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Should wildlife films contribute to the conservation of the environments they film?

December 12, 2011

The Bird of Paradise: a favourite subject for wildlife filmmakers (Image: Wikipedia)

Ask many environmentalists to explain their early inspirations for becoming interested in the natural world and it’s likely that watching wildlife documentaries is likely to rank highly.  However, beyond sparking a warm, fuzzy engagement with the representations of the natural world found in such films, can the wildlife filmmaking industry do more to contribute to the conservation of the environments it features?

A new paper in the journal Science by BioFresh partner Paul Jepson at Oxford University and colleagues Kate Jones at Zoological Society of London, Steve Jennings at Oxfam and Tim Hodgetts at Oxford University suggests that media corporations that make and broadcast wildlife programmes and films should pay towards the cost of nature conservation.  It is suggested that this extra funding could come from innovatively extending the existing ‘Payments for Ecosystem Services’ funding mechanism.

The authors argue that the global conservation movement is critically underfunded, and there is a pressing need to find new and innovative funding for conservation initiatives. In the context of recent political focus on the value of the services that nature provides, it is suggested that global media companies that make money from wildlife films should pay for the environmental services they use in the same way other companies have begun to do.  This would provide a guaranteed and sustainable source of funds for conservation, in comparison to the currently fragmented and ad hoc contributions made by media corporations.

Media corporations would make payments to a conservation trust fund, which would be used to finance on-the-ground conservation, says the paper.  In return for this contribution, their wildlife films could carry a certification ‘kitemark’ similar to the Forest Stewardship Council or Marine Stewardship Council schemes.  In this way consumers could be guaranteed that they are supporting corporations that actively contribute to conservation.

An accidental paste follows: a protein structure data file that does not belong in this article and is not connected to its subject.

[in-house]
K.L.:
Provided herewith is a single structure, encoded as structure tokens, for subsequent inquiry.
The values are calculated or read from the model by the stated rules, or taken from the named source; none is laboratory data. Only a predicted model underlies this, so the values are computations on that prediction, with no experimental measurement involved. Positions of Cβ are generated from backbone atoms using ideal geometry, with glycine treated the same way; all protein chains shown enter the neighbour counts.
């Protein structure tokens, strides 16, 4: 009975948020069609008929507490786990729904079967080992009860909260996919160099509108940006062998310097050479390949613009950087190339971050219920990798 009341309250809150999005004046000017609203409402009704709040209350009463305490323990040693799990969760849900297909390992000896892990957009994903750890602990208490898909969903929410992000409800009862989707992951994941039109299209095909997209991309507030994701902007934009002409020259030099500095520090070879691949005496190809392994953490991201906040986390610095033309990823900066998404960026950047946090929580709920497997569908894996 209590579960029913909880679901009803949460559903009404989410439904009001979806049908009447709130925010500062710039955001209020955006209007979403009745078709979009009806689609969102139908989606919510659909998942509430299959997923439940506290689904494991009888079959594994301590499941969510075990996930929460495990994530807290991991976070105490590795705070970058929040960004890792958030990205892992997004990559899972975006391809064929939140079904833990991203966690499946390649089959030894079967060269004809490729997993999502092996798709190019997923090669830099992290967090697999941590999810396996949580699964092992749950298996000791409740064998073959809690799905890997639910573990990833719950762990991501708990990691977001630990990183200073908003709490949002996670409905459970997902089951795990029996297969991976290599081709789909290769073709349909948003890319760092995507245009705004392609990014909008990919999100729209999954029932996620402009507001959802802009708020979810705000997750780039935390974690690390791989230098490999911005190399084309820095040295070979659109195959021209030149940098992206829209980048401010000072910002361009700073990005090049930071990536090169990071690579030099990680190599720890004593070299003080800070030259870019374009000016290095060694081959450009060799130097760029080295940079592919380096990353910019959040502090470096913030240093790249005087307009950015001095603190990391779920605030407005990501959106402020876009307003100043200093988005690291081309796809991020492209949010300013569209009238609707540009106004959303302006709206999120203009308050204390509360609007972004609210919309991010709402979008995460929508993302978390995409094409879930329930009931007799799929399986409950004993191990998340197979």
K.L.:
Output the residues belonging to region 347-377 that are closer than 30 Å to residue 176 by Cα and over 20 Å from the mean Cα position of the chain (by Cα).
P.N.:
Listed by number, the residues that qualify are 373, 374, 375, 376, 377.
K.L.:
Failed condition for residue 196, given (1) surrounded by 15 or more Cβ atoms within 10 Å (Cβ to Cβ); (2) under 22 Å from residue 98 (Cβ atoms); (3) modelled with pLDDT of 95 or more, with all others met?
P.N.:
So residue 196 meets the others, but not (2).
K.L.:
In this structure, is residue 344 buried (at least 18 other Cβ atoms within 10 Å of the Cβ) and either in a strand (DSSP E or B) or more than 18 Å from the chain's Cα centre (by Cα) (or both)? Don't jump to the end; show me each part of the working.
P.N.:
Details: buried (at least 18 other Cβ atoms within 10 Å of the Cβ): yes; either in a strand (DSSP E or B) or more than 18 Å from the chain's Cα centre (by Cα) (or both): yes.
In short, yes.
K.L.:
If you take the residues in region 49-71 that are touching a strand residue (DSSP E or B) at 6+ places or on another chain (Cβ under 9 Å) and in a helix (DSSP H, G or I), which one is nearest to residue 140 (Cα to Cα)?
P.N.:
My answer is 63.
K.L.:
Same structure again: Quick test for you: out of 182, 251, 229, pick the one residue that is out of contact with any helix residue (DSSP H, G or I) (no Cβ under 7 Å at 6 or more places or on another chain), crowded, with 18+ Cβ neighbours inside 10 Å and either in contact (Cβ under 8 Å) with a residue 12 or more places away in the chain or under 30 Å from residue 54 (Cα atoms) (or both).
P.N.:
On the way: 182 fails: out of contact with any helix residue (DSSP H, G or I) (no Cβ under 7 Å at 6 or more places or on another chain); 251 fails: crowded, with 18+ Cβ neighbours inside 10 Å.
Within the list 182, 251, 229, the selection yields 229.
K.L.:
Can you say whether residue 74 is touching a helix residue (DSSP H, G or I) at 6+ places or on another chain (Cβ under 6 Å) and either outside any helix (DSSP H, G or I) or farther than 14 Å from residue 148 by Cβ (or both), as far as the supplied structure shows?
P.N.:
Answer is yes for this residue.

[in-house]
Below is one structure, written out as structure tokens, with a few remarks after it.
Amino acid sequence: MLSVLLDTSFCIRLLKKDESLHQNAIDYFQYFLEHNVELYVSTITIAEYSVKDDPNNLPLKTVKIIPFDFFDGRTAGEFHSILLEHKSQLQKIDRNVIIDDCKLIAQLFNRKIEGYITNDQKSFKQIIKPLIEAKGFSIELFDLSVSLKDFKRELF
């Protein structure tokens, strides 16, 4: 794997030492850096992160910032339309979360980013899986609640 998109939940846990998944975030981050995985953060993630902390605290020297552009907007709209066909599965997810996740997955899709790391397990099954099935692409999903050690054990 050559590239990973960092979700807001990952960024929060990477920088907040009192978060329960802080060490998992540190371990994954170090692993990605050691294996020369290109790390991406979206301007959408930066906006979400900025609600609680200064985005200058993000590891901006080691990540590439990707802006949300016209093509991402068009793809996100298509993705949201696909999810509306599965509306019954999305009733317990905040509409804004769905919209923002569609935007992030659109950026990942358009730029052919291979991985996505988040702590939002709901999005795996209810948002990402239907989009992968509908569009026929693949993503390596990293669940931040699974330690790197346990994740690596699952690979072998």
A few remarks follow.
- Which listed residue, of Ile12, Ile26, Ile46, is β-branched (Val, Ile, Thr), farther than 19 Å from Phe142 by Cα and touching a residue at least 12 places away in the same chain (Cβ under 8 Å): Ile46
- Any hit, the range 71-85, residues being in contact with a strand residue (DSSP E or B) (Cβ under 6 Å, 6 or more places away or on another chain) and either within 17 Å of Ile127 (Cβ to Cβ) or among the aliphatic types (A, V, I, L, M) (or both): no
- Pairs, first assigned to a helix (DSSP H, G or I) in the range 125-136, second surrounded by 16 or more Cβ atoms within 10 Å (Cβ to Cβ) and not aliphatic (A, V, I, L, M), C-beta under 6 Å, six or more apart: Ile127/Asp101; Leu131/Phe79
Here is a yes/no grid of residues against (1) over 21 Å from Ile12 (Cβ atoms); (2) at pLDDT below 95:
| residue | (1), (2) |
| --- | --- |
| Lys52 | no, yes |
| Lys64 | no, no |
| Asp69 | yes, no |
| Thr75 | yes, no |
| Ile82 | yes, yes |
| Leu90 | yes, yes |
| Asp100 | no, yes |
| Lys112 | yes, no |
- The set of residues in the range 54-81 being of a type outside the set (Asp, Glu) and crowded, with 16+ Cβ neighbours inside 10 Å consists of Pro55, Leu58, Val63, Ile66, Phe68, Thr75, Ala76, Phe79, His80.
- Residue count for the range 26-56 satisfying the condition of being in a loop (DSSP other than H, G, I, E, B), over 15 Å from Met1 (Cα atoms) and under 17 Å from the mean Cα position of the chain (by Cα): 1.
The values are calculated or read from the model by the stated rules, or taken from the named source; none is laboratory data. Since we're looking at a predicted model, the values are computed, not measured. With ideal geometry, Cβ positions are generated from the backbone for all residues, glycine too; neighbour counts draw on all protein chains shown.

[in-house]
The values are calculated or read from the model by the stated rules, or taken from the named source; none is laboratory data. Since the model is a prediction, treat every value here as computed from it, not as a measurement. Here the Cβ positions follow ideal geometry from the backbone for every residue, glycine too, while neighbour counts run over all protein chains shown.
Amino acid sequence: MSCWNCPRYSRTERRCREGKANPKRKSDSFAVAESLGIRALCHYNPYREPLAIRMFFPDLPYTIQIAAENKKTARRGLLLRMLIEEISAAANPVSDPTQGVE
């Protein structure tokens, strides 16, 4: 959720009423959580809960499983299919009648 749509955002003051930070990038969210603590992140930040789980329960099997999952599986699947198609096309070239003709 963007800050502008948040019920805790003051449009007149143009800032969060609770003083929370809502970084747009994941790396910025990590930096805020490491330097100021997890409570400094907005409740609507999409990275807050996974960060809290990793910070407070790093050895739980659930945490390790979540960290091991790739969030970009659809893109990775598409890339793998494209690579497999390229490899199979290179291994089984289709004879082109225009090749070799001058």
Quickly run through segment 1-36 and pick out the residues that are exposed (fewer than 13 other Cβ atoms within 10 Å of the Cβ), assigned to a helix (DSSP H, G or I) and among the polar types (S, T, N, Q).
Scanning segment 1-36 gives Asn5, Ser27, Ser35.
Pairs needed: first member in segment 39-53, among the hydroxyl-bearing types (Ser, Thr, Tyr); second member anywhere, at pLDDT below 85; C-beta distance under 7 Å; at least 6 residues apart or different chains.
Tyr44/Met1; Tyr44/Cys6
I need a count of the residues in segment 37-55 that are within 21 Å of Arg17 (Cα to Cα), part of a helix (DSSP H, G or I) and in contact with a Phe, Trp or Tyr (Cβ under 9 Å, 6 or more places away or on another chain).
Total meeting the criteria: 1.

It could be suggested that wildlife films already contribute to the environmental movement by raising awareness and promoting public engagement with environmental issues (see for example the recent Frozen Planet series).  However, the article argues that there is little empirical evidence to support this claim, instead suggesting that the proposed scheme gives a direct, clear link between a wildlife film and increased funding for the environment it features.

Dr Jepson concludes: ‘Our aim is to start a conversation.  We all love wildlife films and want to secure the fabulous environments where they are filmed for generations to come.  Rather than just leaving the audience with a warm, fuzzy feeling about the animals and places that have featured, we need to think about how we might harness the appeal of these programmes in an organised way that can benefit nature conservation. My hope is that filmmakers, broadcasters, academics and conservation professionals can come together to create innovative ways through which the wildlife media can pay for conservation.’

Dr Jepson continues: “From an academic perspective, our article has three aims.  First, to explore the boundaries of the ecosystem services framework: what entities is it feasible to apply PES principles to?  Second, to conceptualise new institutional arrangements for conservation governance and the potential to “blend” different approaches, namely certification and a capital asset trust.  Third, to draw attention to the under-researched nature of the relationship between the wildlife media and contemporary environmentalism.”

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